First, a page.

Swayamvaram (1972)

  • Bharat-Gopy
Released -
24th November, 1972

THE MOVIE

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THE SCREENPLAY

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Swayamvaram (1972)

On Own Will ” – Alt. Title (Translation)

Arguably the first Malayalam film to use sync sound and stark aural ambiances, Adoor Gopalakrishnan’s debut feature which took 7 years to materialise (thanks to financial wrangling by the Film Finance Corporation), Swayamvaram was a watershed in Malayalam Cinema. The movie marks the debut of Bharat Gopy and Karamana Janardhanan Nair in film, the director’s first feature and the Chitralekha Film Co-op’s foray into film production. Garnering worldwide recognition and critical acclaim on release, Swayamvaram (1972) could easily be called the pioneer in ushering in the New Wave Cinema movement in Malayalam Cinema.

Madhu
Sharada
Bharat Gopy [ Debut ]
PC Soman
Karamana Janardhanan Nair [Debut]
Kallada Vasudevan
G Shankara Pillai, Vaikkom Chandrashekharan Nair, KPAC Lalitha, Adoor Bhavani, Thikkurissy Sukumaran Nair
Artist Vallyathan, Somashekharan Nair, PK Venukkuttan Nair, BK Nair
Director Adoor Gopalakrishnan
Banner Chithralekha Films
Story
Screenplay Adoor Gopalakrishnan, KP Kumaran
Dialog Adoor Gopalakrishnan, KP Kumaran
Background Music MB Sreenivasan
Cinematography Mankada Ravi Varma
Editing A Ramesan
Art Direction Sivan, Devadathan
Madhu and Sharada in Swayamvaram(1972)

Viswam and Sita, the lovers, cut themselves off from their family moorings and elope to a new place to fend for themselves. The early days are blissful, but they soon run short of money. Viswam can’t publish his novel, the ornaments are sold, they change residence from a good hotel to an ordinary one, and then to a dilapidated house in a none-too-respectable locality. After a spell of teaching in a tutorial college, which turns out to be a losing concern, Viswam becomes a clerk in a timber mill, replacing a fired employee.

They try to set up a happy and humble abode. Around them are good neighbors and bad ones, helpers and exploiters. Soon dreams lose their lustre as they struggle on precariously. There are hardships aplenty, there are also the big compensations of love. Then death comes unobtrusively and takes away the bread-winner. Sita and her baby are left to face the myriad problems of life. How will they do it? The film answers no questions.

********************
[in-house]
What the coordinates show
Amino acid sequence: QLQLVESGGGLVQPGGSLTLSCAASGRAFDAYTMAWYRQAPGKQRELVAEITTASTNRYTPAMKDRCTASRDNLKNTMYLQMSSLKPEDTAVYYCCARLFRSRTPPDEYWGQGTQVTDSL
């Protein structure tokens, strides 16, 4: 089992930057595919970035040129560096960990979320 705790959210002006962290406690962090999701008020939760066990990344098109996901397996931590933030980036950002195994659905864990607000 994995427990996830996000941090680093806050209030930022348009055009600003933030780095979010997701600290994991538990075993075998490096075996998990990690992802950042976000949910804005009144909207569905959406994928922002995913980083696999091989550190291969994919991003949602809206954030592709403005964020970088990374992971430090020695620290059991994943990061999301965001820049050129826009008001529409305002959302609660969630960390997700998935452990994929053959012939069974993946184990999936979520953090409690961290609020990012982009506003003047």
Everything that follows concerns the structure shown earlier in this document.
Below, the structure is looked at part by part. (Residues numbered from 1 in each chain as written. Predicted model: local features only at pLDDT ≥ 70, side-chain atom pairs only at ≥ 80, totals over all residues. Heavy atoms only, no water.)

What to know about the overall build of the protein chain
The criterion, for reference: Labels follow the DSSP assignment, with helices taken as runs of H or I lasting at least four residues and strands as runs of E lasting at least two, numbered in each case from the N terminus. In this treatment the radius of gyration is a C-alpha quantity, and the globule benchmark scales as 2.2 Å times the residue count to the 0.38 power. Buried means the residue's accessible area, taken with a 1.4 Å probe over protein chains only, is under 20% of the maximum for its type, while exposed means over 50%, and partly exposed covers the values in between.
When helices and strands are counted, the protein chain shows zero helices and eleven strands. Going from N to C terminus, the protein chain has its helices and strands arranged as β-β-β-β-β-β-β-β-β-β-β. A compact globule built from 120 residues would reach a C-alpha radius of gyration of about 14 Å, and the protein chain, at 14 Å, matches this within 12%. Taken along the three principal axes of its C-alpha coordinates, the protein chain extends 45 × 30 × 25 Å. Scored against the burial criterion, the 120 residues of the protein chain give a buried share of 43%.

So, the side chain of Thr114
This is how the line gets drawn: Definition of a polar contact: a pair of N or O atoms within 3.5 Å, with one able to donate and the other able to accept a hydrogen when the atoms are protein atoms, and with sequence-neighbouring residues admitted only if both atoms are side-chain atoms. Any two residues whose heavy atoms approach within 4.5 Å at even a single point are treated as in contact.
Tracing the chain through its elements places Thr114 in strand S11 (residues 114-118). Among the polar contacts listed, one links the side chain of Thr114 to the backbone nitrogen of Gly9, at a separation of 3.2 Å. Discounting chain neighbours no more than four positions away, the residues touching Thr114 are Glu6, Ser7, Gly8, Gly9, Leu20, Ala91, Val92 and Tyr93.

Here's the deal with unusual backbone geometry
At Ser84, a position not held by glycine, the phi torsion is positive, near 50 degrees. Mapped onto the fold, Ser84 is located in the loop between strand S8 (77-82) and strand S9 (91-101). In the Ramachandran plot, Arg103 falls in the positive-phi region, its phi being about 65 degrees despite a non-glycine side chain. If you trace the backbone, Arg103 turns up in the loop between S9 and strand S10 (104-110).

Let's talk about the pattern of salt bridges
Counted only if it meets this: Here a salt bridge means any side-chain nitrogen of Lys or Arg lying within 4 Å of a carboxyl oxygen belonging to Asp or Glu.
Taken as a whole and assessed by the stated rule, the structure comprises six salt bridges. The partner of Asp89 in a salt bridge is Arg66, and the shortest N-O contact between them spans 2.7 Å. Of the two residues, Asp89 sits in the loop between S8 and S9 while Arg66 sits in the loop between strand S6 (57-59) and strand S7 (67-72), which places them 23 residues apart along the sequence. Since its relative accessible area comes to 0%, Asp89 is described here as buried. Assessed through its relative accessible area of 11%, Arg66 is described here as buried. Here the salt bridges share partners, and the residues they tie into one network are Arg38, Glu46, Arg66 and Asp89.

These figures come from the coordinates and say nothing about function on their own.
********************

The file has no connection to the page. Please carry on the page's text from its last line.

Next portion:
A Movie Clipping from Swayamvaram (1972)

The Debut Screenplay

Screenplay excerpt of Bharat Gopy's debut - Swayamvaram-(1972)

Interview with Adoor as Swayamvaram (1972 ) turns 40

It is the 40th anniversary of auteur Adoor Gopalakrishnan’s first feature film Swayamvaram. The filmmaker talks about the film and its cast and the period in which it was made. Swayamvaram was Adoor Gopalakrishnan’s first feature film, made seven years after he passed out of the Film and Television Institute of India. It celebrates its fortieth anniversary this year and is being screened in Goa on November 24 as part of the event to honour Dada Saheb Phalke awardees.

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The Indian Press Reviews

“A Chekovian Film.” Life’s minor details are carefully studied, discretely and meaningfully portrayed. – The Hindustan Times, New Delhi.
In Swayamvaram, Adoor Gopalakrishnan manages that rare feat investing the visuals with such eloquence that language of the spoken word hardly remains a barrier. – Filmfare, Bombay.
This film is an honest atriculation of the social and economic reality of India, and drives home the grip of helplessness and dereliction that the environment suffocates the underprivileged with. – The Patriot, New Delhi.
The accent is solely on visuals. And these visuals are rarely interfered with, by verbosity.The extreme economy of words dramatises the picturisation of commonplace events – Link, New Delhi.
A candid classic.The film does not describe a story but a lifestyle, realism is its strong point, idealism its standpoint. – Democratic World, New Delhi.
Watching Swayamvaram it was not difficult to see that it’s the work of a brilliant mind. A disturbing and perhaps the most important film made in India since “Pather Panchali.”. – Youth Times, New Delhi.